This is a guest post from Julie Fyles of www.topmums.co.uk
Not everyone will know where their nearest Forest School is, indeed not everyone will have ever heard of Forest Schools. I hadn’t until we started looking for a pre school for my little boy.
Like most parents I imagine, I envisaged the start of Pre School to involve a brightly coloured room full of toys, tables with colouring and sticking activities, and a room full of noisy children.
That was, until I was told about a local Nursery/Pre school run entirely outdoors. ‘The School In The Woods’ was a complete surprise to me, and yet it made perfect sense both in it’s values and in the way it worked practically.
Forest schools such as The School In The Woods are run outside, children spend their days entirely in nature. Mornings at this particular nursery are spent exploring in the local woodland, while afternoons are spent in the extensive garden area. There are tents with sleeping bags inside for any child who needs a nap, or just for some quiet time; and a large workshop if the weather dictates the need for shelter.
Never before have I encountered a group of young children so happy, calm, and co-operative. Of course they all have their moments, I’m sure, and I honestly believe the people who run it have the patience of saints, but all in all these kids were remarkably content.
The reasons for this, I believe, lies both in the attitudes that are displayed towards the children and in the freedom they are allowed to enjoy.
The children are shown respect – their feelings are acknowledged, their ideas valued, and their wishes discussed. It’s clear that this respect is modelled by the children, both to their carers and to each other.
These are kids who are being taught that they matter.
The freedom the children experience at The School In The Woods is also key to their happiness. Rules are very few, as long as they are being safe and looking after the safety of others then they have freedom to explore and play as and when they choose.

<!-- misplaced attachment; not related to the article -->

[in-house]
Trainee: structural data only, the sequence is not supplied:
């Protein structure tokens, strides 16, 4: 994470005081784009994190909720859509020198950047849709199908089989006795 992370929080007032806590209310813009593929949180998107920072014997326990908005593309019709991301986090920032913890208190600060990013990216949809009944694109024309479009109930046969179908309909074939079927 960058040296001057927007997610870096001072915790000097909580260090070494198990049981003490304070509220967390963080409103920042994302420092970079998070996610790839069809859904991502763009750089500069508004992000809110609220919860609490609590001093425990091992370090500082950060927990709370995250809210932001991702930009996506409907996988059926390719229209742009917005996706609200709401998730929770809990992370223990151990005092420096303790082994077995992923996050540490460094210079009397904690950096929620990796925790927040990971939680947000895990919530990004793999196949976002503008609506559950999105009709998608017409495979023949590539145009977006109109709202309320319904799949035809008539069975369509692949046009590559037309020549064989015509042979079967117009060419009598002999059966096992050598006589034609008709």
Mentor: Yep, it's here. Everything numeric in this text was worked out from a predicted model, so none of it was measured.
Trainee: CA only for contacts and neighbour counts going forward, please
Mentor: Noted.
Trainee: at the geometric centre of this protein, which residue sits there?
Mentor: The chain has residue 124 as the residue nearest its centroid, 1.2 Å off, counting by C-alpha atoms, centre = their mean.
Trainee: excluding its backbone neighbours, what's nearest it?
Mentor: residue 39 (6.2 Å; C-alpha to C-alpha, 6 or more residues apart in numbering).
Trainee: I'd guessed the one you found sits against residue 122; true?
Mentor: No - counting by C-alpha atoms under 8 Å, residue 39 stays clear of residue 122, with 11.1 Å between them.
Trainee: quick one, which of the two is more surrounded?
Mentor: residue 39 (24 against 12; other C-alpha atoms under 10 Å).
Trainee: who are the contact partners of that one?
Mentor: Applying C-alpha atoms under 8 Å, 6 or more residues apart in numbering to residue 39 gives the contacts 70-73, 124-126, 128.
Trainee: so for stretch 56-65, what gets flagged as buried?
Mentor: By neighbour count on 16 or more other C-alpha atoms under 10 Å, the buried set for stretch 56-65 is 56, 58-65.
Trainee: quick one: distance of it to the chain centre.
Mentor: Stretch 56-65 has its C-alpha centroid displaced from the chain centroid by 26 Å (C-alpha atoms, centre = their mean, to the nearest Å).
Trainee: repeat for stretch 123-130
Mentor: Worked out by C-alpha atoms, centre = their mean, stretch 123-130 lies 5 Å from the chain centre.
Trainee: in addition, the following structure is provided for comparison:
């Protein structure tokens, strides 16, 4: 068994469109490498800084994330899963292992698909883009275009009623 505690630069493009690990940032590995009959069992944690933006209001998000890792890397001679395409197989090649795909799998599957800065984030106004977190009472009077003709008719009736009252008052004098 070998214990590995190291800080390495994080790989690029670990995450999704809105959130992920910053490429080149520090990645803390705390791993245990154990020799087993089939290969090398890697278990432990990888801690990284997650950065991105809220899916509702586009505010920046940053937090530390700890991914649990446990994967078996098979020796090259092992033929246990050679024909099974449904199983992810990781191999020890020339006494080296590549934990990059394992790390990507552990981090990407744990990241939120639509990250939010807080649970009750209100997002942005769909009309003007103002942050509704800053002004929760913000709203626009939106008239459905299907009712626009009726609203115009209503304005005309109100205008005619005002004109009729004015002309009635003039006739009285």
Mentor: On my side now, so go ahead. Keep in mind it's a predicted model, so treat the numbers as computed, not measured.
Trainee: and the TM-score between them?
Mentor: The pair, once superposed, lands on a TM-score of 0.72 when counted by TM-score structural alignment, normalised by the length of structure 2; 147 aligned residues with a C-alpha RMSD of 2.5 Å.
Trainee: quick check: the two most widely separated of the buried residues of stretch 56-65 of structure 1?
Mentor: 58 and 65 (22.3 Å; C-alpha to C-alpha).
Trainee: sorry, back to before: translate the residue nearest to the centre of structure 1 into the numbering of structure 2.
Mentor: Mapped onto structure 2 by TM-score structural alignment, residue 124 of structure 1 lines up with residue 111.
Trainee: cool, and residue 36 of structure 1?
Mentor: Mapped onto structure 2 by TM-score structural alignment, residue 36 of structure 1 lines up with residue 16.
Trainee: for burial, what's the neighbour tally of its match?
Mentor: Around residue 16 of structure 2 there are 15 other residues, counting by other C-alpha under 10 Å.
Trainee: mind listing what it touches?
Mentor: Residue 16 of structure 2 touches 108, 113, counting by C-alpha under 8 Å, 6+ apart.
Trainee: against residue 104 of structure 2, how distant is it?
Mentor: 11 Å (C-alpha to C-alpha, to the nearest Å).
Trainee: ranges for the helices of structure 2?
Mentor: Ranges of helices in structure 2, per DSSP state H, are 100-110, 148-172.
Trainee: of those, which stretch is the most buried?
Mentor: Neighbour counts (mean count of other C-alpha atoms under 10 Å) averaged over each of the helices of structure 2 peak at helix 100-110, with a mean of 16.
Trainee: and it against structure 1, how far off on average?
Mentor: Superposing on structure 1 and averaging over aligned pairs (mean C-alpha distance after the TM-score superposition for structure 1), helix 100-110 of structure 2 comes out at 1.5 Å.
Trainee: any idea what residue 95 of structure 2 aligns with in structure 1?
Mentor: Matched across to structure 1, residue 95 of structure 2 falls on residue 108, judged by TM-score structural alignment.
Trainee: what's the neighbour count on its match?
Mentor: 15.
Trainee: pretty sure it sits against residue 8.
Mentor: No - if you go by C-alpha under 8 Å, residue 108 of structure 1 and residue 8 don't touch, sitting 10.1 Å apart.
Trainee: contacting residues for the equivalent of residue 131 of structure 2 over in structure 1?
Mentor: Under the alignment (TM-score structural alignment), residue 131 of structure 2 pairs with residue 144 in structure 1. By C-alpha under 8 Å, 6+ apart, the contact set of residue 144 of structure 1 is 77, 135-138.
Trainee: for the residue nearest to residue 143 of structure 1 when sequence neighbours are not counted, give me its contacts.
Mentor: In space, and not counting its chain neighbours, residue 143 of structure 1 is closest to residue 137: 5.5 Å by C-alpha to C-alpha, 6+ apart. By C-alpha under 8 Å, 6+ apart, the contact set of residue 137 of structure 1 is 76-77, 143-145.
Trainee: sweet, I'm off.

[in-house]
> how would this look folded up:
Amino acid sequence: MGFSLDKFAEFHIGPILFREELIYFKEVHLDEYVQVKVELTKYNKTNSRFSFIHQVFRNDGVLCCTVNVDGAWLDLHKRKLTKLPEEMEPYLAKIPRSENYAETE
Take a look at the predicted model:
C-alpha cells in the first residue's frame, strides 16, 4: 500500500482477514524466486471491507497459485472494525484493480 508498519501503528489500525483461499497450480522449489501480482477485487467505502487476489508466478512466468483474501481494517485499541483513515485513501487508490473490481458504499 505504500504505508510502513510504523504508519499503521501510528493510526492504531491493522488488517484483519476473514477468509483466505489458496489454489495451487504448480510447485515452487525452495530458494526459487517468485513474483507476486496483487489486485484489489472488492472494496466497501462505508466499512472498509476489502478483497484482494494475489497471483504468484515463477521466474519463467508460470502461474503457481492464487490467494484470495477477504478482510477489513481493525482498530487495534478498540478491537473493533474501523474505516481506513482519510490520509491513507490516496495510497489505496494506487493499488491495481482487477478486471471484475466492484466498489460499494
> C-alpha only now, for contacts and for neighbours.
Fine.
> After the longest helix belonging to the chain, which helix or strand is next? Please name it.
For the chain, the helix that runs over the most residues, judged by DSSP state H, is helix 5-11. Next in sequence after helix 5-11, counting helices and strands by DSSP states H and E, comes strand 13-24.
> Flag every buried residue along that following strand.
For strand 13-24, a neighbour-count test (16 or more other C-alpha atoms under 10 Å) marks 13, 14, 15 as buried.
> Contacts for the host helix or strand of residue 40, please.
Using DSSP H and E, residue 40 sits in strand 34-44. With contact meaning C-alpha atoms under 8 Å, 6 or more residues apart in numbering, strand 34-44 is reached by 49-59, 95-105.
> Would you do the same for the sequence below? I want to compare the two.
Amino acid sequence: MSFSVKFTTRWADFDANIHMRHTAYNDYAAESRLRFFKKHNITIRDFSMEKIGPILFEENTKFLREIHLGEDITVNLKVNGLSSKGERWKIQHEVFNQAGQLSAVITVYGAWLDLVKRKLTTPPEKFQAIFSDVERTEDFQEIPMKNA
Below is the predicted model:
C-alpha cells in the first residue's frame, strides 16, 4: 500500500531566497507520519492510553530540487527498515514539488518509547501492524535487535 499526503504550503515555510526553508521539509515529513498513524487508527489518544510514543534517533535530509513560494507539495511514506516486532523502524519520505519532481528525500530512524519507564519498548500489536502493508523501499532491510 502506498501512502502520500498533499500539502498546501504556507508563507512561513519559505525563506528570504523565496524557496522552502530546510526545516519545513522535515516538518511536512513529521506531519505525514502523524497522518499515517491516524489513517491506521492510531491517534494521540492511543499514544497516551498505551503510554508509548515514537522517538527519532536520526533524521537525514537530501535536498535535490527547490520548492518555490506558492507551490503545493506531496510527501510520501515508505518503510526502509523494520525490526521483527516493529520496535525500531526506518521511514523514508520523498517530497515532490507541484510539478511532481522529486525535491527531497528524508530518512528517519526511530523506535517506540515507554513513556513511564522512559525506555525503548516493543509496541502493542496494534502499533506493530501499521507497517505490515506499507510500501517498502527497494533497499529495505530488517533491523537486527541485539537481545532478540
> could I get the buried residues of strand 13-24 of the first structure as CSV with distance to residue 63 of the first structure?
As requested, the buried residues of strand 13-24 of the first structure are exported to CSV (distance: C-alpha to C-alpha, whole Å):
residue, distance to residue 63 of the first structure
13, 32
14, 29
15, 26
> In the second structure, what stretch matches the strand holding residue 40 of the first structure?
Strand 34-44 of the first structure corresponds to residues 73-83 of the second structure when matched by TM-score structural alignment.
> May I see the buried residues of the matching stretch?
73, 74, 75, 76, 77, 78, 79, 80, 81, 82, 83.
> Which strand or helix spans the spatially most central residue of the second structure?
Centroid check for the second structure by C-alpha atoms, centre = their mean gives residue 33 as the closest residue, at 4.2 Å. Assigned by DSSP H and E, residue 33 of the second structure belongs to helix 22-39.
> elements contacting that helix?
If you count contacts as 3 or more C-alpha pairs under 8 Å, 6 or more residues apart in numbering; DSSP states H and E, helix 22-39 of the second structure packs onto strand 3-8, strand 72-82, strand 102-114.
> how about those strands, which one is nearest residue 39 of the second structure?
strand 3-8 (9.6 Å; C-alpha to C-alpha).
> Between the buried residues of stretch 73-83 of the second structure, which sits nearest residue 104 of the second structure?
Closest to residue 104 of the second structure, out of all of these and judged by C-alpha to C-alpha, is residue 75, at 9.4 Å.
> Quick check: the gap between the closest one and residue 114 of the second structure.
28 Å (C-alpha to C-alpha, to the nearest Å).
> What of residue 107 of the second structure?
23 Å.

And who needs a brightly coloured classroom when they have the endless entertainment that nature has to offer? Who needs a room full of toys when they have holes, sticks, and fallen trees? They learn shapes by making those shapes out of sticks on the floor, they learn numeracy by drawing on tree stumps with chalk, but more importantly they learn risk assessment and life skills in a way that just wouldn’t be possible in a standard nursery room. Outdoors is where the real learning takes place.
I’m not saying these kids are perfectly emotionally balanced and stable, but they are certainly learning how to be.
For me, the idea of Forest Schools can only be a positive. Shouldn’t we be doing whatever we can to encourage our children to spend time outdoors?
A lot of us will have those memories from childhood of paddling in the river, intently digging for and watching bugs in the soil, maybe just lying on the grass looking at the clouds. It is amazing how much we actually learned in these experiences, not only about the world around us but also about ourselves.
Unfortunately, statistics from the Children and Nature Network now show us that in a typical week, only 6 per cent of children age 9-13 play outside on their own. Those aged 8-18 spend a shocking 53 hours a week using entertainment media.
Maybe these statistics could be improved if children are encouraged from an early age to enjoy the outdoors and all it has to offer.
Richard Louv, author of ‘Last Child In The Woods’, points out the ‘disconnect’ that has occurred between children and nature. He discusses movements and programmes worldwide to re-join children with nature, pointing to the overwhelming benefits. He believes the most important development in recent years has been the growing number of individual parents and other family members who have decided to do what it takes to bring nature into their lives and keep it there.
If this is the case, then I would hope to see an increase in demand for nurseries such as The School In The Woods, which are currently the exception rather than the rule. If we manage to reconnect children with nature, maybe they will grow to be adults who cherish, value and protect our natural environment.
Image credit: Magical dark forest Shutterstock